Psycho: Showering is such a waste of water. Screens at 7 and 9:30 p.m. Monday, Oct. 11, at the Birch North Park Theatre.
Viewers Choice Screening: alt.pictureshows: Couldn't catch everything at this year's event? Here are the films the audience thought were the best, all nicely packaged together at 7 p.m. Tuesday, Oct. 12, at the Museum of Contemporary Art San Diego's La Jolla location.
Strangers on a Train: Hitchcock classic about a crazy rich guy who approaches a tennis pro in the hopes of getting him to help commit a murder. On a train. Screens at 7:30 p.m. Tuesday, Oct. 12, at Reading Gaslamp Cinemas.
The Fantastic Mr. Fox: Wes Anderson's adaptation of Roald Dahl's novel, starring George Clooney and Meryl Streep as the voices of stop-action foxes, is pretty fantastic. Screens at 8 p.m. Wednesday, Oct. 13, at The Pearl Hotel in Point Loma. Free.
House: Nobuhiko Obayashi's 1977 Japanese freak show is not to be missed. It screens at 8 p.m. Wednesday, Oct. 13, at Price Center Theater on the UCSD campus.
Cuestion de Principios (A Matter of Principles): An aging port employee refuses to sell a back issue of a magazine to his younger, materialistic boss. The San Diego Latino Film Festival presents this Argentinean comedy at Ultra- Star Hazard Center.
El Estudiante: An old-timer takes inspiration from Don Quixote to relate to the young'uns in his literature class. Presented by the San Diego Latino Film Festival, Oct. 8 through 14 at UltraStar Hazard Center.
It's Kind of a Funny Story: Zach Galifianakis is pretty good, but this coming-of-age story set in a mental hospital feels exploitative once you've been discharged.
Last Train Home: Riveting and depressing documentary about Chinese peasant workers traveling to celebrate the New Year.
Life as We Know It: Katherine Heigl and Josh Duhamel are polar opposites forced to move in together and take care of an orphaned baby girl. We're guessing it all works out.
Lovely, Still: Martin Landau is an aging bachelor who finally finds romance with Ellen Burstyn.
My Soul to Take: Wes Craven's latest hacks apart a bunch of teenagers in 3-D!
Never Let Me Go: Mark Romanek and Alex Garland's adaptation of Kazuo Ishiguro's beloved novel is a sci-fi tragedy starring Carey Mulligan, Andrew Garfield and Keira Knightley as clones bred for organ donations. It's intense stuff, but perhaps more to be admired than enjoyed. See our review here.
Secretariat: Thoroughly family-friendly PG version of how one of history's most famous racehorses got his start.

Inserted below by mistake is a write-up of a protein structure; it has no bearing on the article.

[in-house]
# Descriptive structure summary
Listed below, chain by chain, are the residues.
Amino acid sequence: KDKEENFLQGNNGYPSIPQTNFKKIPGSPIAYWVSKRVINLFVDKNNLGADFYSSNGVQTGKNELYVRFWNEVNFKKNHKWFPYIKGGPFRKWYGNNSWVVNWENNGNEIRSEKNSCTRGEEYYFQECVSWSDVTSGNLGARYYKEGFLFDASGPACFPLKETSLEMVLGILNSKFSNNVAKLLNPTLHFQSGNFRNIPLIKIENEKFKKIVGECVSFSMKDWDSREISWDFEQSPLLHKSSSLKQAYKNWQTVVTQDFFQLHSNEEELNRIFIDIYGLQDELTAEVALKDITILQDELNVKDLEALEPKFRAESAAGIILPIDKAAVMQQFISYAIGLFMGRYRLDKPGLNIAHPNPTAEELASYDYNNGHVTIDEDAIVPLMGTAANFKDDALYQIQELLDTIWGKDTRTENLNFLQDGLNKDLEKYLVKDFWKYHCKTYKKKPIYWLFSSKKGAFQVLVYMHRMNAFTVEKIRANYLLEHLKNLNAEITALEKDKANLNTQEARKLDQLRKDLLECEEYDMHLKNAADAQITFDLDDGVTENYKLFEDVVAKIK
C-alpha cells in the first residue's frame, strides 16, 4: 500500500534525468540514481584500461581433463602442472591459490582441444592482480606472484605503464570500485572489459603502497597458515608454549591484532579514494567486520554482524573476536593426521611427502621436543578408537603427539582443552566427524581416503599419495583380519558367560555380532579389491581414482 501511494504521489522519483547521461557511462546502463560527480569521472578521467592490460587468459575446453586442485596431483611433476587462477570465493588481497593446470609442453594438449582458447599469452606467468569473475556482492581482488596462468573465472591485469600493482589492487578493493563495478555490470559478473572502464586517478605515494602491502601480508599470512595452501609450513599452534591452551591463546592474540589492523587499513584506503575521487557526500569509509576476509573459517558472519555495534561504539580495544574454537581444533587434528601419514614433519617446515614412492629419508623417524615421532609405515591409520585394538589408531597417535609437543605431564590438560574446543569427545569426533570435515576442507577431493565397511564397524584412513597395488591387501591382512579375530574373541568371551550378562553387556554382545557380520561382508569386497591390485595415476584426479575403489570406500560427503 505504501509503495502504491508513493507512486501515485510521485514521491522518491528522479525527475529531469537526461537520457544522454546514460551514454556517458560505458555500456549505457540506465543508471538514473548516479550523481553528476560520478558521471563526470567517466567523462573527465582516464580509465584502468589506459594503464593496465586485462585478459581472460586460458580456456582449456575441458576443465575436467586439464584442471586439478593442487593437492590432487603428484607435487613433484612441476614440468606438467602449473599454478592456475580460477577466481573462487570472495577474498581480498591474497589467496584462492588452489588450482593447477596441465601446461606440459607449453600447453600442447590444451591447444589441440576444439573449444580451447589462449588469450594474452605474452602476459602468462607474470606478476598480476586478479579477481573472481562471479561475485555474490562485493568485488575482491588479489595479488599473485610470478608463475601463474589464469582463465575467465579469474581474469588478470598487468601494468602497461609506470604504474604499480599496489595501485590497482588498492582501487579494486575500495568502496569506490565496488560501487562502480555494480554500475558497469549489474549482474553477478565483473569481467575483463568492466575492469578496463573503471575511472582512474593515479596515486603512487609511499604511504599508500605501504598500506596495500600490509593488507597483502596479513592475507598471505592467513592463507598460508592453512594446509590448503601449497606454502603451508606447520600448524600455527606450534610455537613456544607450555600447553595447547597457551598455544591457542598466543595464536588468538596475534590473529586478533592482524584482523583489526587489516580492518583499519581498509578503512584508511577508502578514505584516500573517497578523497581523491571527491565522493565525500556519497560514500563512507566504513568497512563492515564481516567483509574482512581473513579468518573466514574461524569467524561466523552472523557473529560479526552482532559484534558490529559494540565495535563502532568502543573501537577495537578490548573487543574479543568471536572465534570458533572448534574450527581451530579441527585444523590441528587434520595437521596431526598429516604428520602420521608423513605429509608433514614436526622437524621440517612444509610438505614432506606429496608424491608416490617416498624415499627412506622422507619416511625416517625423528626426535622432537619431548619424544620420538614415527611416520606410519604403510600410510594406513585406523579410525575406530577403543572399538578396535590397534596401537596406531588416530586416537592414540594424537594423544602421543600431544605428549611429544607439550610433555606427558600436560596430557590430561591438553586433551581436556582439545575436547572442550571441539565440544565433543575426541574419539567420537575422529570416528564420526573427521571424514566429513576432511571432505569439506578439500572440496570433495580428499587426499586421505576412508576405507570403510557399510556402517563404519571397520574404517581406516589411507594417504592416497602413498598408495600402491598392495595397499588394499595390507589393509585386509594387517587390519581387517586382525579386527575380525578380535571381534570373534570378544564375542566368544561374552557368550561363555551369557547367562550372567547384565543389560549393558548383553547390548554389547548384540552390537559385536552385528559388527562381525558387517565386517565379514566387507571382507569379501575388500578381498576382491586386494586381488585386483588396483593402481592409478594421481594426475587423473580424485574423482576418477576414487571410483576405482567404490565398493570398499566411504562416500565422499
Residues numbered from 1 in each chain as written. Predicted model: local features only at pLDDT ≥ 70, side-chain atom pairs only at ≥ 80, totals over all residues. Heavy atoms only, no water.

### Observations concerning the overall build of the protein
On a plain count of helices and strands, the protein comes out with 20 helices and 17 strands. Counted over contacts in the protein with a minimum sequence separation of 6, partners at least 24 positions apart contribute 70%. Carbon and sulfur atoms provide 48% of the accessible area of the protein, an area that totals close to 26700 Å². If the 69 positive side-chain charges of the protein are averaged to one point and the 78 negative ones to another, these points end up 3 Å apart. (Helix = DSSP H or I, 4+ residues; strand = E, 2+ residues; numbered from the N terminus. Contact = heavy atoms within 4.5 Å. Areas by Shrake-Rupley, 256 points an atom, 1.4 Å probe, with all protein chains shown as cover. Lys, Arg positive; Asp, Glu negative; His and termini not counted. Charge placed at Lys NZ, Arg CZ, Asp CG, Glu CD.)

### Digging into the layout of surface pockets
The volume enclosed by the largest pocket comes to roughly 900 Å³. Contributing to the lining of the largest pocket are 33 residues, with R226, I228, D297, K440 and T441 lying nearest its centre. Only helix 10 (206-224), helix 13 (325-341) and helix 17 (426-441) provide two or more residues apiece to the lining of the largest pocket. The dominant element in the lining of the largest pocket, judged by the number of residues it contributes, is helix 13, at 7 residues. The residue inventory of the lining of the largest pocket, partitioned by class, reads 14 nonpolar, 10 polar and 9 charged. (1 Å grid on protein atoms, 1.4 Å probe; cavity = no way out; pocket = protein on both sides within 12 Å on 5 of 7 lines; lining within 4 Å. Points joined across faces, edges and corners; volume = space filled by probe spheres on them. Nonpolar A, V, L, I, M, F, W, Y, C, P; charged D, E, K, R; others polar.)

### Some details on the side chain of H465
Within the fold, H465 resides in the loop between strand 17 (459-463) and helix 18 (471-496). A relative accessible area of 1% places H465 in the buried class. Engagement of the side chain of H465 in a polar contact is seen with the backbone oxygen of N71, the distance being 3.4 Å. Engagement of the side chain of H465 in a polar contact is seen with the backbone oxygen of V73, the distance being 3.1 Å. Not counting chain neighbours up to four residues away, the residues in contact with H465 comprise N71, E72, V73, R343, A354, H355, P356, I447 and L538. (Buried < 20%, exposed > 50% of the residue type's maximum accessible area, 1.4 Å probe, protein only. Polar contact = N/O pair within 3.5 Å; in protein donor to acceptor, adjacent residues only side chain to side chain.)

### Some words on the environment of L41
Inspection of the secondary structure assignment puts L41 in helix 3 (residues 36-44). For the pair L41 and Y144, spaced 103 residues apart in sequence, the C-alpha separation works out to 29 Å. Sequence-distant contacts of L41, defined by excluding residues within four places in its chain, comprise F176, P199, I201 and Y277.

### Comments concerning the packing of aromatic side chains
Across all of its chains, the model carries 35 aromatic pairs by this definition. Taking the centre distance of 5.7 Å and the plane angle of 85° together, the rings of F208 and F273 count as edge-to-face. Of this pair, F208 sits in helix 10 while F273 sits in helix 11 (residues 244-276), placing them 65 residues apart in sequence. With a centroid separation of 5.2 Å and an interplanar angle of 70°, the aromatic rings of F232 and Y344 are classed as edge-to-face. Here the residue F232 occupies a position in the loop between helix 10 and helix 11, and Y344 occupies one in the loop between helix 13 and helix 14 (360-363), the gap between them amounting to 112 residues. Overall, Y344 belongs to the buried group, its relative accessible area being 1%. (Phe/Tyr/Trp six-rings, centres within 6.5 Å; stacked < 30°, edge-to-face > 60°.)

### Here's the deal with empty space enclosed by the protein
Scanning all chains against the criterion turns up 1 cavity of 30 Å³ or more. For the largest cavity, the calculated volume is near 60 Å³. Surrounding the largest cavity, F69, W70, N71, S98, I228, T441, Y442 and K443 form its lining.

Let Me In: Solid if unnecessary remake of the terrific 2008 Swedish vampire film Let the Right One In.
Buried: Ryan Reynolds plays a contractor in Iraq who wakes up in a coffin. Armed with a lighter and a cell phone, he needs to sort out who put him there—and why.
Case 39: Idealistic social worker Renee Zellweger tries to do the right thing by taking a little girl away from her abusive parents. That would be great. Unless she finds out the girl is actually the devil.
Like Dandelion Dust: Barry Pepper is an ex-con who learns he has a child who was given up for adoption.
Freakonomics: Half a dozen directors, including Oscar winner Alex Gibney, Morgan Spurlock and King of Kong helmer Seth Gordon, take on segments based on the pop logic of the book by Steven Levitt and Stephen Dunbar. Ends Oct. 7 at La Jolla Village and Hillcrest cinemas.
The Social Network: David Fincher's new film about the early days of Facebook is more entertaining than 99.9 percent of status updates.
White Wedding: South African road-trip comedy about a groom desperately trying to make it to the church on time. Ends Oct. 7 at the Ken Cinema.
You Will Meet a Tall, Dark Stranger: The latest one from Woody Allen is a cynical look at marriage. Anthony Hopkins, Naomi Watts, Josh Brolin, Freida Pinto, Antonio Banderas and a host of others are linked together in some way, and none of them is very happy about it.
A Film Unfinished: Yael Hersonski's documentary about our understanding of footage shot by the Nazis in the Warsaw Ghetto is fascinating and challenging. Ends Oct. 7 at Hillcrest Cinemas.
Heartbreaker: French film about a man paid to break up other people's failing relationships. It's a great gig, until he meets the right (or, perhaps, wrong) girl.